Fabienne Baider.
In this research we suggest that working on a journalistic corpus with specific softwares can help studying linguistic patterns and choices which are made on the basis of political affiliation or gender stereotypes. The software SEMY for instance gives semantic profiles semi-automatically, ANTCONC gives useful KWIC abstracts and TERMOSTAT works on discourse specificities. Using all of these tools we found convergent striking asymmetries between female and male candidates in journalistic discourse (however conditionally) as far as our corpus dedicated to the 2007 and the 2012 presidential campaigns are concerned. Social gender' (i.e. stereotypical expectations about who will be a typical member of a given category) and / or political favoritism affect the representation of leadership in discourse and may affect in turn the readership, hence the electorate.

5. Exploring Regional Development of Digital Humanities Research: A Case Study for Taiwan

Kuang-hua Chen ; Bi-Shin Hsueh.
This study analyzed references and source papers of the Proceedings of 2009-2012 International Conference of Digital Archives and Digital Humanities (DADH), which was held annually in Taiwan. A total of 59 sources and 1,104 references were investigated, based on descriptive analysis and subject analysis of library practices on cataloguing. Preliminary results showed historical materials, events, bureaucracies, and people of Taiwan and China in the Qing Dynasty were the major subjects in the tempo-spatial dimensions. The subject-date figure depicted a long-low head and short-high tail curve, which demonstrated both characteristics of research of humanities and application of technology in digital humanities. The dates of publication of the references spanned over 360 years, which shows a long time span in research materials. A majority of the papers (61.41%) were single-authored, which is in line with the common research practice in the humanities. Books published by general publishers were the major type of references, and this was the same as that of established humanities research. The next step of this study will focus on the comparison of characteristics of both sources and references of international journals with those reported in this article.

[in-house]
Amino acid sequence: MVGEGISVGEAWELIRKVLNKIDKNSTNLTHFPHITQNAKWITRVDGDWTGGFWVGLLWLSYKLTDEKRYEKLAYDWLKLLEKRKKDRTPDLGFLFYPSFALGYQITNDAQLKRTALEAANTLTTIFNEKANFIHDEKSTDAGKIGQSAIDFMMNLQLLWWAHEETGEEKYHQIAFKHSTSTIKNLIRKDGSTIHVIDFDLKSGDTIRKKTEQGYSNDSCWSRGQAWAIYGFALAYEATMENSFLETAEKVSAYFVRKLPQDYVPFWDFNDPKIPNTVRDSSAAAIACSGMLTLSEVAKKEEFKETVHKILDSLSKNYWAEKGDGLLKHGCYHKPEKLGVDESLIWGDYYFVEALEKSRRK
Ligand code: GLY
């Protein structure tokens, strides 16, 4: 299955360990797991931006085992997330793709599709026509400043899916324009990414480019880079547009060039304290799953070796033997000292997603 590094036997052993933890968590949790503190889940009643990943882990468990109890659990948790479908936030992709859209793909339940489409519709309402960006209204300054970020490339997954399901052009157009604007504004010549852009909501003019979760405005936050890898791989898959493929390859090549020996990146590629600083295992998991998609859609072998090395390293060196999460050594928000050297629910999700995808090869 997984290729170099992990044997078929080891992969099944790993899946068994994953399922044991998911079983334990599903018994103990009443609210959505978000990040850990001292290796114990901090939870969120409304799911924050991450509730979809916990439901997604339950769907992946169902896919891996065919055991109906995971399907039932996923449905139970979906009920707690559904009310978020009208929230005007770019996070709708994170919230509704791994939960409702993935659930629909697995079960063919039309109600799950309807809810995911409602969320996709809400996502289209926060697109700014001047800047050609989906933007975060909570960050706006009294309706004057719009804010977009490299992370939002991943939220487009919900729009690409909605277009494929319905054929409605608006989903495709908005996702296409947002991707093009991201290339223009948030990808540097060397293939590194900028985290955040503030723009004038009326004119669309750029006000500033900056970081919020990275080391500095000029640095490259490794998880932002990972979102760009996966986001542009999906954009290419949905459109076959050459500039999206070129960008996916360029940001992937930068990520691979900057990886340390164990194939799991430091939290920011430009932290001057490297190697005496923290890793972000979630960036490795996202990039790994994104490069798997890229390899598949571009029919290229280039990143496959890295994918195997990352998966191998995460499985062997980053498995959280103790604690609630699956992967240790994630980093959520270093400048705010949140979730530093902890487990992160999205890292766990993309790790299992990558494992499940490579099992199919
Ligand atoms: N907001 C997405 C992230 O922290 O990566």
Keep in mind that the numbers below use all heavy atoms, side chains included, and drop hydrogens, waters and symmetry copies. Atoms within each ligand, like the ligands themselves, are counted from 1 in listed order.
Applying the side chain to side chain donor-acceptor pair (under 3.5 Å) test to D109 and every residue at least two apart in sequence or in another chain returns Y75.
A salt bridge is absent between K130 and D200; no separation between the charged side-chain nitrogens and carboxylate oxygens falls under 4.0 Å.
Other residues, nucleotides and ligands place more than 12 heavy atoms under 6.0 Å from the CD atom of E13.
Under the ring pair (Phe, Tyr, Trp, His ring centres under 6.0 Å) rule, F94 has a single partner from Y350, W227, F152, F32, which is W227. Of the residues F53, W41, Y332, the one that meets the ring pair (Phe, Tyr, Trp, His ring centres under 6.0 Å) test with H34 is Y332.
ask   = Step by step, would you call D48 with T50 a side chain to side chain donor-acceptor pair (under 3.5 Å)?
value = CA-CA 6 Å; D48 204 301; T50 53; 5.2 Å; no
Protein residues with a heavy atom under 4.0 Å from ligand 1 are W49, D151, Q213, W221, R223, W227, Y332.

6. A Survey of Data Mining Techniques for Social Media Analysis

Mariam Adedoyin-Olowe ; Mohamed Medhat Gaber ; Frederic Stahl.
Social network has gained remarkable attention in the last decade. Accessing social network sites such as Twitter, Facebook LinkedIn and Google+ through the internet and the web 2.0 technologies has become more affordable. People are becoming more interested in and relying on social network for information, news and opinion of other users on diverse subject matters. The heavy reliance on social network sites causes them to generate massive data characterised by three computational issues namely; size, noise and dynamism. These issues often make social network data very complex to analyse manually, resulting in the pertinent use of computational means of analysing them. Data mining provides a wide range of techniques for detecting useful knowledge from massive datasets like trends, patterns and rules [44]. Data mining techniques are used for information retrieval, statistical modelling and machine learning. These techniques employ data pre-processing, data analysis, and data interpretation processes in the course of data analysis. This survey discusses different data mining techniques used in mining diverse aspects of the social network over decades going from the historical techniques to the up-to-date models, including our novel technique named TRCM. All the techniques covered in this survey are listed in the Table.1 including the tools employed as well as names of their authors.